A couple of months ago, a woman from Powell sat in her car in the Three Rivers Market parking lot and wept. Between sobs, she recorded a video on Facebook Live telling the world what employees of the market had just done to her.
What they did was tell her to put on a mask, specifically, a mask that met the store’s requirements, which are posted on a large sign that has been on the sidewalk next to the front door since the COVID-19 pandemic began.
She said that she can’t wear a standard mask because she is pregnant, and that she had worn a “minimally-compliant” mask “with holes in it” into the store until she was confronted by a security guard who handed her a more substantial mask to wear as she went through the checkout line. There’s no link to share of this episode because she removed the video a few days after she posted it, but she left it public long enough for her supporters to cyber bomb Three Rivers Market with negative reviews and scathing comments on multiple social media platforms.
A month before the incident at the market she was one of the “anti-mandate” speakers at a raucous Knox County Commission meeting and said she lives in Powell, as do a number of those who have been attending public meetings to voice their complaints.
On Dec. 26, another Powell mother reached out from her hospital room via a WATE TV interview. Diana Willett, who was being treated for COVID-19, wanted to talk about her 25-year-old son Christopher, who died of Covid on Dec. 19. His obituary went viral and was getting national attention to illustrate the plight of grocery store employees.
Christopher worked behind a supermarket deli counter near his home until he was diagnosed with Covid in early December. His mother said he always wore a mask at work, was super careful about hygiene and frequently complained about customers who refused to do the same. He told her that even though management had posted signs all over the store saying masks were mandatory, employees were not allowed to ask customers to wear them.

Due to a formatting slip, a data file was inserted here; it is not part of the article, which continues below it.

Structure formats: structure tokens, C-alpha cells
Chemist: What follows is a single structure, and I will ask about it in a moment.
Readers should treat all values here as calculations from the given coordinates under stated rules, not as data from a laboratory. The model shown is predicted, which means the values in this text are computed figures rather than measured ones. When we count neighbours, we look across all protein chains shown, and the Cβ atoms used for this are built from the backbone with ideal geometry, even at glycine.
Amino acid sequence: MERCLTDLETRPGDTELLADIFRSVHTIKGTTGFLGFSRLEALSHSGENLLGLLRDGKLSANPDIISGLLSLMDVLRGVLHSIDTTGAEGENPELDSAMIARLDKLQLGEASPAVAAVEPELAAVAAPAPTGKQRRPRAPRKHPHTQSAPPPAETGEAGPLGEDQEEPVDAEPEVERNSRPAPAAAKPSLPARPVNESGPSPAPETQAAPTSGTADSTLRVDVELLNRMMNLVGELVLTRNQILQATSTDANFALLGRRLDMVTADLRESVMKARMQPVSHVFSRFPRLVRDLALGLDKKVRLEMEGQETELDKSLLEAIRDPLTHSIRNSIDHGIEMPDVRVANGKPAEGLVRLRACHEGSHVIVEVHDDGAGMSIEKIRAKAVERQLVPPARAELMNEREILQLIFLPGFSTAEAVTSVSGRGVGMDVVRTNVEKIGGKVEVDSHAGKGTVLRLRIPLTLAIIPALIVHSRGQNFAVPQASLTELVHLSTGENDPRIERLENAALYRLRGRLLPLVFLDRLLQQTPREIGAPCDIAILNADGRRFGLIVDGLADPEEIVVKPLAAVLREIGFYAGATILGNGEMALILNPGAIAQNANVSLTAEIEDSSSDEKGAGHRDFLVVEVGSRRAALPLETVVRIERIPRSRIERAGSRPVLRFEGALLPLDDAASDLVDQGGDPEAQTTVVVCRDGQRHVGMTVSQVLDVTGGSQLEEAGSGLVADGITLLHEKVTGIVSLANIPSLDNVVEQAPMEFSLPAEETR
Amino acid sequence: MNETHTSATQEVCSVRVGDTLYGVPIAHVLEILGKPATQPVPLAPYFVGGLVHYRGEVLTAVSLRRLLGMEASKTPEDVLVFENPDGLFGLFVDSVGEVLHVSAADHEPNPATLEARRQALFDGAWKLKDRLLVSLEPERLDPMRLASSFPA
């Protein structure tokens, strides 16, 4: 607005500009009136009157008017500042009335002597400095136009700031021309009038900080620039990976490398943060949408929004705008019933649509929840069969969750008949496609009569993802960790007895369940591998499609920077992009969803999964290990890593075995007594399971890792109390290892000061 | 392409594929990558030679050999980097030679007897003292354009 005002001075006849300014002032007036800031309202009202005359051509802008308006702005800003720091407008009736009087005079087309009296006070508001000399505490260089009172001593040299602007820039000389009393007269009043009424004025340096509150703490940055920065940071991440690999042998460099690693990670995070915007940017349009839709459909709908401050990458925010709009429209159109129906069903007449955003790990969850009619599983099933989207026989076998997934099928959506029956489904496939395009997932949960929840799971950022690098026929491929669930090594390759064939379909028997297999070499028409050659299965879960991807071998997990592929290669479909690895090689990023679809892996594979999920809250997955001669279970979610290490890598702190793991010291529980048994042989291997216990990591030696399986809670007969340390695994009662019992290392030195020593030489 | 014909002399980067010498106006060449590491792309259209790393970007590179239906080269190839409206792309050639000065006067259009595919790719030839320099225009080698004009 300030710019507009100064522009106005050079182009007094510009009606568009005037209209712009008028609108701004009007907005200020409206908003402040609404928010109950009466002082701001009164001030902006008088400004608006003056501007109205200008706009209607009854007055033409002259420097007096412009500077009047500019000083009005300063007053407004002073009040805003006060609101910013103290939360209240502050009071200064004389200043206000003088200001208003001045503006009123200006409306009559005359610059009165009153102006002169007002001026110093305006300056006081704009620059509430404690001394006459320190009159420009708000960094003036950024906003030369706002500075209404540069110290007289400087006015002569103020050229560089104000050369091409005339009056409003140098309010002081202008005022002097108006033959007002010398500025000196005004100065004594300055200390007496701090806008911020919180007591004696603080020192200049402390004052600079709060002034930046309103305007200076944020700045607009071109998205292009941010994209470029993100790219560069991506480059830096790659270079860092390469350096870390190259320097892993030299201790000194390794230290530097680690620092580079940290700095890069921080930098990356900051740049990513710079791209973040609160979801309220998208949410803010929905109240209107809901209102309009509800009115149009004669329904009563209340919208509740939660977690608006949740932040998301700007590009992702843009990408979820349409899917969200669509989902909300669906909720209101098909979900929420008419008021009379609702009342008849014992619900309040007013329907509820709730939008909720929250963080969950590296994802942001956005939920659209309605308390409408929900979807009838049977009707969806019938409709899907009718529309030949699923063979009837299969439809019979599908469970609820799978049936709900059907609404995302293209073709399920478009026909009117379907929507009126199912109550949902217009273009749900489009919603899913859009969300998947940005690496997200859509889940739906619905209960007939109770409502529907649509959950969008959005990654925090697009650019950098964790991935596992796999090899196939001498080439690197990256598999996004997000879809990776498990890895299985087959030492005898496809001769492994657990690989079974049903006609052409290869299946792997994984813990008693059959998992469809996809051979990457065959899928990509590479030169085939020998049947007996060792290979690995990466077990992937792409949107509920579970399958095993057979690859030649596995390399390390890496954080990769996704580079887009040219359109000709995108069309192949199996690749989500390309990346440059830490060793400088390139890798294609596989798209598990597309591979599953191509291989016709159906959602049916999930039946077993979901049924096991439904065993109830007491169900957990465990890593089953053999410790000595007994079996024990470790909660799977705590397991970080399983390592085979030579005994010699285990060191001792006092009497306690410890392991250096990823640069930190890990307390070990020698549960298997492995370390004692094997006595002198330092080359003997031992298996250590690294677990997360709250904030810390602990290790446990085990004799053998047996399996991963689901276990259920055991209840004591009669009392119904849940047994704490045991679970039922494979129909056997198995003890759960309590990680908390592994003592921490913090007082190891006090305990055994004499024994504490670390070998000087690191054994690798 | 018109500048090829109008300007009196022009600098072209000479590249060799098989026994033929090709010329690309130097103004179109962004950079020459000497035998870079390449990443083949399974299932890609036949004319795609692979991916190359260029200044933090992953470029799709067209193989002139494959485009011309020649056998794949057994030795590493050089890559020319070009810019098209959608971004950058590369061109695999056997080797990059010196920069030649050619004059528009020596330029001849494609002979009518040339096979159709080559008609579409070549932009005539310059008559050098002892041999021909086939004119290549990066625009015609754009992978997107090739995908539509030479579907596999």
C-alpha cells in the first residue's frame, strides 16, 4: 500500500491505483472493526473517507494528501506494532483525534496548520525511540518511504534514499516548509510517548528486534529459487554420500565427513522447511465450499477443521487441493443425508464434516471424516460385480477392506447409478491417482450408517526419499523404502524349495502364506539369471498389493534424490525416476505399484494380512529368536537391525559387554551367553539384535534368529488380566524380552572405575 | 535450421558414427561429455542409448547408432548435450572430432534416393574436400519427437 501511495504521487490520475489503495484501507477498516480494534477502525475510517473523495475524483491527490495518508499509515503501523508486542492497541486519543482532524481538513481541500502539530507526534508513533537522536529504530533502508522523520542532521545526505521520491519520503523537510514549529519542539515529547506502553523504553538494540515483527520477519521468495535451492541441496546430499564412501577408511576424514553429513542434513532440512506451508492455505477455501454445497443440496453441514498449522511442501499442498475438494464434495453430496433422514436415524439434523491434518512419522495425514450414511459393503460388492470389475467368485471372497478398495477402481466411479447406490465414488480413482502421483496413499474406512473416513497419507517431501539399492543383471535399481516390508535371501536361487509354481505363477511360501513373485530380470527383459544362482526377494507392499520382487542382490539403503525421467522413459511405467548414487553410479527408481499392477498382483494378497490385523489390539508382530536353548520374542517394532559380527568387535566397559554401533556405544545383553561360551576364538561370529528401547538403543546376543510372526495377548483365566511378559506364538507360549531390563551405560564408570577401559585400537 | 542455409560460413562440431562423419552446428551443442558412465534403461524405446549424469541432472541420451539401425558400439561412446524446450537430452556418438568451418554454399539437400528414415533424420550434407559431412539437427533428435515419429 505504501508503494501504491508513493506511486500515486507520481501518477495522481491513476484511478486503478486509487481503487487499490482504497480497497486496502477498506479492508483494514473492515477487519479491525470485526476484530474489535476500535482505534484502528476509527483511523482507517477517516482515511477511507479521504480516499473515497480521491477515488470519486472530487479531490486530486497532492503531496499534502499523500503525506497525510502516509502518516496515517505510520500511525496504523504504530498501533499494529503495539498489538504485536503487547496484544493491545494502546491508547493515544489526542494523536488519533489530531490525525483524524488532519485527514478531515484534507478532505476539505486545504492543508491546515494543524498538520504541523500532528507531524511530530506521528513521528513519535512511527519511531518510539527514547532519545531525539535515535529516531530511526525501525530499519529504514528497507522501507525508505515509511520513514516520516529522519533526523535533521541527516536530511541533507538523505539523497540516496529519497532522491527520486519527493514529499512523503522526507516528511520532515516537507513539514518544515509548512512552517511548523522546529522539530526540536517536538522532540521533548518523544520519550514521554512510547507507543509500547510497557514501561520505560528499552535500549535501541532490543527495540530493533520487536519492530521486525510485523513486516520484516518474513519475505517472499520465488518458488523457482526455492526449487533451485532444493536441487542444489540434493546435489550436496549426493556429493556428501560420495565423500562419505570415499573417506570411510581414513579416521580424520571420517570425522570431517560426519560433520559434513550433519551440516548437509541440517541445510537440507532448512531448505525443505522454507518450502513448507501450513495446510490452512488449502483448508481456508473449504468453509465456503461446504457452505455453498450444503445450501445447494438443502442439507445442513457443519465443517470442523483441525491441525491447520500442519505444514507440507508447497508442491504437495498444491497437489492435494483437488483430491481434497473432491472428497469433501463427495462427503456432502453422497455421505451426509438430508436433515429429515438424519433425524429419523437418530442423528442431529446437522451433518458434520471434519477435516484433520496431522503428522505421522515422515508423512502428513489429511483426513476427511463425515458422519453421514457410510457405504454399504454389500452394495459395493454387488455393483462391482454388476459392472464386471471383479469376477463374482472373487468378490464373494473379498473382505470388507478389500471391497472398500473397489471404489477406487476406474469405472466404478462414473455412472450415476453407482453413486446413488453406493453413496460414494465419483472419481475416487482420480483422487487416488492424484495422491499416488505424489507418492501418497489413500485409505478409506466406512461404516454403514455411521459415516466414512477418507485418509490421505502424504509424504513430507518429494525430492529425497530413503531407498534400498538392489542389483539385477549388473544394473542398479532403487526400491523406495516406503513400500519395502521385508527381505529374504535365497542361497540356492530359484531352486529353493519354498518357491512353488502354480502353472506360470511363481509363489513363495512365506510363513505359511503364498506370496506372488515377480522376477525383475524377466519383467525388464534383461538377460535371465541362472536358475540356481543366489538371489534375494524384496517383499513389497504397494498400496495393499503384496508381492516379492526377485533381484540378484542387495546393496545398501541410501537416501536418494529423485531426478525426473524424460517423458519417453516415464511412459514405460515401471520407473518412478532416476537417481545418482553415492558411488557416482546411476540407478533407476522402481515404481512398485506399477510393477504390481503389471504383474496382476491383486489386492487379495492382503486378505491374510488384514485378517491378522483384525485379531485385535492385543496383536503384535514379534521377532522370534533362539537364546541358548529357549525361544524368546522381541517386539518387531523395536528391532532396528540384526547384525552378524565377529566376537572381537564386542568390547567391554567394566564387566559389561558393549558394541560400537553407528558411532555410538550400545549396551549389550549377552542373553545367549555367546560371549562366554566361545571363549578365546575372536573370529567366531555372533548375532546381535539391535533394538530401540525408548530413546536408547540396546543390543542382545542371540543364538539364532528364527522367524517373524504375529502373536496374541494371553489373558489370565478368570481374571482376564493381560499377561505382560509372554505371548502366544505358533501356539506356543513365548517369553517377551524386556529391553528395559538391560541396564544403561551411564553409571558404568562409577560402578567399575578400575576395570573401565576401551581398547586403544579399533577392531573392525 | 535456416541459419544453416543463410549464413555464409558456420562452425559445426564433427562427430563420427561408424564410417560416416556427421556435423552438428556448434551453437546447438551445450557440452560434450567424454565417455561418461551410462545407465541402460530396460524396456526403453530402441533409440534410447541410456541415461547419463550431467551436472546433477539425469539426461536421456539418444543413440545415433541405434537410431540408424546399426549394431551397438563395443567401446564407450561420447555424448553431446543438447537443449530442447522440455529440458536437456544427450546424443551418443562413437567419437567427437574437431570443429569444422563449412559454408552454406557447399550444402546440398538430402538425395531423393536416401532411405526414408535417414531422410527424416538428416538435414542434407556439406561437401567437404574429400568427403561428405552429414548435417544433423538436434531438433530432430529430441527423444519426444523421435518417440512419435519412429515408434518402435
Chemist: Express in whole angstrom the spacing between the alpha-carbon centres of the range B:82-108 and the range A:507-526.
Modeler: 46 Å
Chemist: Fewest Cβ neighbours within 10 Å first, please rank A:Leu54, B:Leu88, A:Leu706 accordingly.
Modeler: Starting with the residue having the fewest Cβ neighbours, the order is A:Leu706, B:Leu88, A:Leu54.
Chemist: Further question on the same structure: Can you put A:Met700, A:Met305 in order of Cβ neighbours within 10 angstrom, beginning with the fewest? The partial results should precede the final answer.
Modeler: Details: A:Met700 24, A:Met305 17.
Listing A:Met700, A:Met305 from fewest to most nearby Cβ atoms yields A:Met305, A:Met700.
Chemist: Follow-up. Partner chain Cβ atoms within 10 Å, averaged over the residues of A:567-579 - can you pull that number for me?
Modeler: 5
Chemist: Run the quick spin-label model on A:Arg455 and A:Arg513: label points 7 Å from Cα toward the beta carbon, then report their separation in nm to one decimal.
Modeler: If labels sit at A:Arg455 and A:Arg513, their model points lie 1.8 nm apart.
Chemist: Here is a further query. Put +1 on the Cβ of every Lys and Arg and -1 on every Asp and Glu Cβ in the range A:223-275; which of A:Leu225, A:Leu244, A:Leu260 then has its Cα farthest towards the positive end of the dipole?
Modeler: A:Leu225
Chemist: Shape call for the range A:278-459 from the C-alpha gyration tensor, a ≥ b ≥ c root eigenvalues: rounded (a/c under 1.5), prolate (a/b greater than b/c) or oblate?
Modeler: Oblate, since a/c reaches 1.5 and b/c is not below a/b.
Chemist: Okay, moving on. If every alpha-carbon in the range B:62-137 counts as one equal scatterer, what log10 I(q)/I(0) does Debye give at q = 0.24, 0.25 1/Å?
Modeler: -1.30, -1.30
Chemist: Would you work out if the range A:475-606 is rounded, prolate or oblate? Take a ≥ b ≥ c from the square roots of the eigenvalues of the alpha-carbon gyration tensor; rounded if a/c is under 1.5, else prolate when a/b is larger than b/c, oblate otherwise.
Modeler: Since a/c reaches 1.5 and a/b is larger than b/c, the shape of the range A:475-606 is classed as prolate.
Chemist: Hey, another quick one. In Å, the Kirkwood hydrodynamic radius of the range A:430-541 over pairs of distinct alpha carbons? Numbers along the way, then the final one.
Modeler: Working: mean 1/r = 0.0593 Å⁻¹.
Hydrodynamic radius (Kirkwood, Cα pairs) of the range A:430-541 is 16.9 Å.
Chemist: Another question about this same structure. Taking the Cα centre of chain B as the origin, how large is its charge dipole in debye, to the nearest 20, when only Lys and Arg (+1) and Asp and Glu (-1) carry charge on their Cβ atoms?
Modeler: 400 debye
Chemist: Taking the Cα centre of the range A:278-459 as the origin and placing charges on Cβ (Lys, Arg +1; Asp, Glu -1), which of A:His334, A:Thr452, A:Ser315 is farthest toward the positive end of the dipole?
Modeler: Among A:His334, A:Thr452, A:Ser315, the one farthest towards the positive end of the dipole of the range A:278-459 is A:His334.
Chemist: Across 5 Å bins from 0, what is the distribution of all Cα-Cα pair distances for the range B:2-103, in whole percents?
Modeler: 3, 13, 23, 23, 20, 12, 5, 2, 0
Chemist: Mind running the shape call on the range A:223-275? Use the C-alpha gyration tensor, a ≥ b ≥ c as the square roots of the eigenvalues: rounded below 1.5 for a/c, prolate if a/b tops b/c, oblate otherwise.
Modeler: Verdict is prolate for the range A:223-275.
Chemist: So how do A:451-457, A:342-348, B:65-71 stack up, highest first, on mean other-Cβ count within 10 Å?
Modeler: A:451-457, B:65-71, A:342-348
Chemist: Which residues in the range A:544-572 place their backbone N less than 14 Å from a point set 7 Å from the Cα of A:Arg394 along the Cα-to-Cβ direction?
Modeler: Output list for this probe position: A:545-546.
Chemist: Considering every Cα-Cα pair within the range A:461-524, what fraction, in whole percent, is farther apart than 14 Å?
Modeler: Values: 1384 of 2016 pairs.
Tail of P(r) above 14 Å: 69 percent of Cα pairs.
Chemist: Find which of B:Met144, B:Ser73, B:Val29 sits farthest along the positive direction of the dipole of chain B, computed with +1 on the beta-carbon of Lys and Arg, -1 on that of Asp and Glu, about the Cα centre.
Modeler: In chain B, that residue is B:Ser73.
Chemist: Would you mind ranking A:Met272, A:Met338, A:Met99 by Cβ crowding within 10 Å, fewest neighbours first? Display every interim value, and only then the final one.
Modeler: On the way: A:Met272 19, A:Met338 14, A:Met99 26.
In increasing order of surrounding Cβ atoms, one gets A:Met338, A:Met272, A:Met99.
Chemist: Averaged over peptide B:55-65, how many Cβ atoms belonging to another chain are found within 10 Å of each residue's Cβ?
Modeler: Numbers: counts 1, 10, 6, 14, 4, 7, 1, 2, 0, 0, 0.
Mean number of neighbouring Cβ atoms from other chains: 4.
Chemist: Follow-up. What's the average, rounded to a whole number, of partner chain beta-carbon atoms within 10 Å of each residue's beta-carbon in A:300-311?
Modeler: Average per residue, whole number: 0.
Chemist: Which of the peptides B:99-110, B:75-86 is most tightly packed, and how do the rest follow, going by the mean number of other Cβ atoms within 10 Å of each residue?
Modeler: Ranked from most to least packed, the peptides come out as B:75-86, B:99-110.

Christopher was on the autism spectrum, and had blossomed on the job. He took great pride in his work and made friends who are missing him dearly. Here’s a comment a customer left on his obituary:
“I am broken hearted to read this obituary for this young man. Christopher always went out of his way to be kind and helpful to me at the store. He always had a smile on his face and a happy comment no matter what was going on around him. He loved living. I looked for the aisle where he was bagging groceries because he always seemed so proud when he got to help me get my groceries to the car. He never complained whether it was hot, cold, rainy. And he always said something kind to me after he loaded my groceries into my car. He would say be careful and I will see you the next time! Well, Christopher, I will miss you and your happy countenance, but I will see you next time.”
Grocery store employees don’t make a lot of money, but they are considered essential workers, both in law and in fact. Three Rivers Market, which is a customer-owned cooperative, has done an exceptional job of protecting its work force. Others should follow their example.
Betty Bean writes a Thursday opinion column for KnoxTNToday.com.